Africa as the theater of a new proximity war between Russia and the Western bloc? Part 2

Par Roger Motaze, Directeur Scientifique du LAB de The Okwelians

While the Cold War ended more than three decades ago, we are witnessing the resurgence of confrontation between East and West in a new theater, which is none other than Africa. At the expense of the people, it appears once again that geopolitical interests are taking precedence over the stability and development of Africa. We will illustrate our postulate in a series of various papers.

Mali and Niger II

On 18 August 2020, elements of the Malian armed forces unleashed a mutiny, which led to the fall of President Ibrahim Boubacar Keïta. The artisans of this coup were Colonels Malick Diaw and Sadio Camara, both trained at a military academy in Russia.[1]   They immediately set up the National Committee for the Salvation of the People (CNSP) to ensure the transition at the head of the country. President Keita’s term of office, which began in 2013 after a coup d’état in 2012 ousted Amadou Toumani Touré, coincided with the establishment of a French mission in Mali following Operation Serval and then Barkhane on the territory. Can we see in this strange coincidence, a pass of arms? That would be very hasty. Nevertheless, it seems obvious that Russia’s involvement seems certain, and that its influence exacerbates the historical partner. In response to this coup, the leader of the Western bloc, the United States, directly cut all military ties with the junta. It would seem that the relationship has become rather unfriendly and tumultuous between the Malian people and the French army, the reasons? They are surely multiple and diverse, ranging from the colonial past to Barkhane inefficiency, as Mali is still a victim of terrorist attacks, and jihadist groups are still swarming in the north of the country. In November 2019, demonstrators in Bamako urged Moscow to repel Islamist attacks in Mali as it did in Syria. Even the Malian opposition, like Umar Mariko, praised Russian arms and technical support. During the demonstrations in Bamako following the coup, demonstrators were seen waving Russian banners and holding up posters praising Russia for its « comradeship » with Mali.[2]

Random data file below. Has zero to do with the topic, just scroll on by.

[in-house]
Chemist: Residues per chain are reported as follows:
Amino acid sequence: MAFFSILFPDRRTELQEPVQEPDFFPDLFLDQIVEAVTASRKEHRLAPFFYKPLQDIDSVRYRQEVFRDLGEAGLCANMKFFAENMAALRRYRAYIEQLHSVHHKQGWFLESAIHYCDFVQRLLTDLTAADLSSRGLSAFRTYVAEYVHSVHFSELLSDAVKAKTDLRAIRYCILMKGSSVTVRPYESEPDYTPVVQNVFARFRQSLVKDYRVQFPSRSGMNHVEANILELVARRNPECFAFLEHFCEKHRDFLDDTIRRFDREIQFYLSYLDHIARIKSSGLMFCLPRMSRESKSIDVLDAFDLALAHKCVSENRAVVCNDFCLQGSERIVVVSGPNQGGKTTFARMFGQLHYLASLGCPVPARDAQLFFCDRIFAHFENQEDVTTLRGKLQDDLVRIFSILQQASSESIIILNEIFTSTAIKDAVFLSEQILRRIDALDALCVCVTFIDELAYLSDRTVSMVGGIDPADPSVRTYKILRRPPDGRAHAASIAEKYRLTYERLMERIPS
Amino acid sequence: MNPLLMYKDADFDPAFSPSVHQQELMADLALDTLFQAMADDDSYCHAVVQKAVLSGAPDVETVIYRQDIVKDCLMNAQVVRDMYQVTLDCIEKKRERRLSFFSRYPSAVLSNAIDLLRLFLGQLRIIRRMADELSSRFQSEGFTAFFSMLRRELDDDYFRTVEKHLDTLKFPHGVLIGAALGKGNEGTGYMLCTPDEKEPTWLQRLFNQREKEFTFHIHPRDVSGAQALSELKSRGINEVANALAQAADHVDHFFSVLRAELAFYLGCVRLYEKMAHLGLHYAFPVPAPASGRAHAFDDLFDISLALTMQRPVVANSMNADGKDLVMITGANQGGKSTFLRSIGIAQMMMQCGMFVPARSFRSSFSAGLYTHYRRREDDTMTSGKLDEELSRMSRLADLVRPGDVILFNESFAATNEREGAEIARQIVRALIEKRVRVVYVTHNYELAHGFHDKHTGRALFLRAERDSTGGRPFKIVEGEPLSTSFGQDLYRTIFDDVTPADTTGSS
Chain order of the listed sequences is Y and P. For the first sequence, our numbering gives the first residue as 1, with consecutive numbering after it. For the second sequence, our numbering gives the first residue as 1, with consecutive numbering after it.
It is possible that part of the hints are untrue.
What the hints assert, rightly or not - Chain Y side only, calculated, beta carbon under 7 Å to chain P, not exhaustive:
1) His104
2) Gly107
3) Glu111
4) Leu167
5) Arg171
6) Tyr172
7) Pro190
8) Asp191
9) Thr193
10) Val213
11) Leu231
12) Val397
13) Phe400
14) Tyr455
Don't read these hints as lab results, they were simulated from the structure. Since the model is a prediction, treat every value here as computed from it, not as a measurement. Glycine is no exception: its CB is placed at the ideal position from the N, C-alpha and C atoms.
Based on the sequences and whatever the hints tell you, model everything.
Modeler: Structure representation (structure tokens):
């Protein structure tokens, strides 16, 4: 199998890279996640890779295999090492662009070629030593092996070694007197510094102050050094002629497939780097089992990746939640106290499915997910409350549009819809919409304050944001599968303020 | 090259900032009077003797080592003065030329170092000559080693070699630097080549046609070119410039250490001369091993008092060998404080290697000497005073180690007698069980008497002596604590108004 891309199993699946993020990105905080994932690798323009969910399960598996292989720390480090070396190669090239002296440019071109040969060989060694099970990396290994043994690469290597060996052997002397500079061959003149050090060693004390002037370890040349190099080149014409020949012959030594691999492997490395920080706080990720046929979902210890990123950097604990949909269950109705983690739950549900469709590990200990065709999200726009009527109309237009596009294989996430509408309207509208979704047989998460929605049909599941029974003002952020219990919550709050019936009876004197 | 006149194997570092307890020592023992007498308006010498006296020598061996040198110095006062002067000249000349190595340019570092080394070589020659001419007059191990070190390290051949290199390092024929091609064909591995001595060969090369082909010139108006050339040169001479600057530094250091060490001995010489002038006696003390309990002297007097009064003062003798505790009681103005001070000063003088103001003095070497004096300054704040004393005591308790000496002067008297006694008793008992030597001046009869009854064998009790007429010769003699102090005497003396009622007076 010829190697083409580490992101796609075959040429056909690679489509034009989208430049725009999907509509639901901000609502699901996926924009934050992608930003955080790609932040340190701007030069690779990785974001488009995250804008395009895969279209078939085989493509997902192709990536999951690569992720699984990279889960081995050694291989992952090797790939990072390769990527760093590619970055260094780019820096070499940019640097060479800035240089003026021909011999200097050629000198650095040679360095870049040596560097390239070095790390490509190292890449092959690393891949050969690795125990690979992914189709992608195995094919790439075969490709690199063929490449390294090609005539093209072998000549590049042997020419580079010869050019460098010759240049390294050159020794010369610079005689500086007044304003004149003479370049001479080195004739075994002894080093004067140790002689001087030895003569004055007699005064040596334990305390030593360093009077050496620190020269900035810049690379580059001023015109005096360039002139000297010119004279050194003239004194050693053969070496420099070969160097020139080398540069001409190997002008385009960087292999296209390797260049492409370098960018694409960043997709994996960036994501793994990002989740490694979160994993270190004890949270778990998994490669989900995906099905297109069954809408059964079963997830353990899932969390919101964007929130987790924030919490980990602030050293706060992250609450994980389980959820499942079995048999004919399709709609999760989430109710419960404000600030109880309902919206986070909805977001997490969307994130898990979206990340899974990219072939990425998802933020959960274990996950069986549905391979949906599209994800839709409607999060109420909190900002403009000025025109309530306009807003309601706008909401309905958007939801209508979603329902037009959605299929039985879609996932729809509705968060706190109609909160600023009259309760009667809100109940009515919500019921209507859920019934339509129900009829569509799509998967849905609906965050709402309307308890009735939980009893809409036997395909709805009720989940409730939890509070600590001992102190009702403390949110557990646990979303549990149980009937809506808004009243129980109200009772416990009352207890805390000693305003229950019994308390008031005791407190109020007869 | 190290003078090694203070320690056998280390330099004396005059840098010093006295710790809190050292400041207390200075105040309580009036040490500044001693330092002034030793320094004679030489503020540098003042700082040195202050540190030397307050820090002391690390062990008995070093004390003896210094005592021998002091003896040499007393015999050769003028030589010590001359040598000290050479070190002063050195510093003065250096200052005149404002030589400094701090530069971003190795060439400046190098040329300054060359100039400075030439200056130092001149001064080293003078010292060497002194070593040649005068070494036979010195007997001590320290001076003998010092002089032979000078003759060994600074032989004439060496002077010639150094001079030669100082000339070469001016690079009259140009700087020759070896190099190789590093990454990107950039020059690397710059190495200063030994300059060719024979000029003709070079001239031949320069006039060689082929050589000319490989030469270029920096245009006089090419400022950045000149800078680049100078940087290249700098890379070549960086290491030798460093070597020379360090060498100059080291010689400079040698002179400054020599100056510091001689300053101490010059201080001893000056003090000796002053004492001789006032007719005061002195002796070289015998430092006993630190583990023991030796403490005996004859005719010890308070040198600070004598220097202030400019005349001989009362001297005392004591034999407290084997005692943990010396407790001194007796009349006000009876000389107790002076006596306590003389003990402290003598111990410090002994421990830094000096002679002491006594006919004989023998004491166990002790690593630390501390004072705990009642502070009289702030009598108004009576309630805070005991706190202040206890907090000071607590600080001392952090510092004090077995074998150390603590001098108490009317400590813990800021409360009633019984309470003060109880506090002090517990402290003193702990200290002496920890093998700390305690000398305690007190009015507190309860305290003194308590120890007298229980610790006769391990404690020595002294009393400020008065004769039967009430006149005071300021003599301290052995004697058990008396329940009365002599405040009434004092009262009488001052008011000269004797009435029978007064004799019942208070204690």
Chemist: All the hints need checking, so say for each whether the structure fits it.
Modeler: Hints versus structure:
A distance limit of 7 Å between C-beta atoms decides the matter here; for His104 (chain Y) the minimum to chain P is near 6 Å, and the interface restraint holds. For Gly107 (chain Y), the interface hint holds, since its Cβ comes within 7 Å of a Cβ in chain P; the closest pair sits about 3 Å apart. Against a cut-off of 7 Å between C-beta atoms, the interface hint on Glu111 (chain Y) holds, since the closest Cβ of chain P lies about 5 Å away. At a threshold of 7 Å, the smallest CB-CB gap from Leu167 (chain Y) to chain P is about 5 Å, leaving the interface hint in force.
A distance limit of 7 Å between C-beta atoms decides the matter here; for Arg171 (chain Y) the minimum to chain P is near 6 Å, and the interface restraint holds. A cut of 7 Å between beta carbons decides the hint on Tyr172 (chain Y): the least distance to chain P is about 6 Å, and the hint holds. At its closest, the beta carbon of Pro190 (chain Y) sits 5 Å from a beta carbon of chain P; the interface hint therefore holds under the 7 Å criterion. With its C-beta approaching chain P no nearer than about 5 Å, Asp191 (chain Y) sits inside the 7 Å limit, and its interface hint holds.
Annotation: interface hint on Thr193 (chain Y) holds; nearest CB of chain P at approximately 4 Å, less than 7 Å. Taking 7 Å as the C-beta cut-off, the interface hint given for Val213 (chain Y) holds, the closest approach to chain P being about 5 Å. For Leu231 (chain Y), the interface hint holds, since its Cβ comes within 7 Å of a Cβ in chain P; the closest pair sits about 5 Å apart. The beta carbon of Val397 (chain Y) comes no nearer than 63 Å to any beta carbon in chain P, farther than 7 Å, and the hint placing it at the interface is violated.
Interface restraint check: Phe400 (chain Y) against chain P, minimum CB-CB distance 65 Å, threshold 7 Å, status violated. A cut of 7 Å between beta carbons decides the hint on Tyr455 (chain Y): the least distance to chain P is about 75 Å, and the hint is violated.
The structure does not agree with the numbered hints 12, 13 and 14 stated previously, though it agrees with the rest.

Beyond the security and political aspects, the economic side naturally takes precedence in all cooperation.  On this aspect, it is important to note that the Russian nuclear energy giant Rosatom, which is in direct competition with its French counterpart Areva for contracts in the Sahel, could benefit from favorable relations with the new Malian political authorities.  Similarly, Nordgold, a gold company with investments in Guinea and Burkina Faso, could also expand its mining initiatives in Mali’s gold reserves.[3]   In January 2021, the CNSP is dissolved, leaving room for new elections to be held. The question on everyone’s mind is whether the next Malian authorities will continue to collaborate with Russia or return to the Western bloc, nothing is less certain. What is certain, however, is that the battle between the Russians and the French for control of influence in Mali is likely to continue.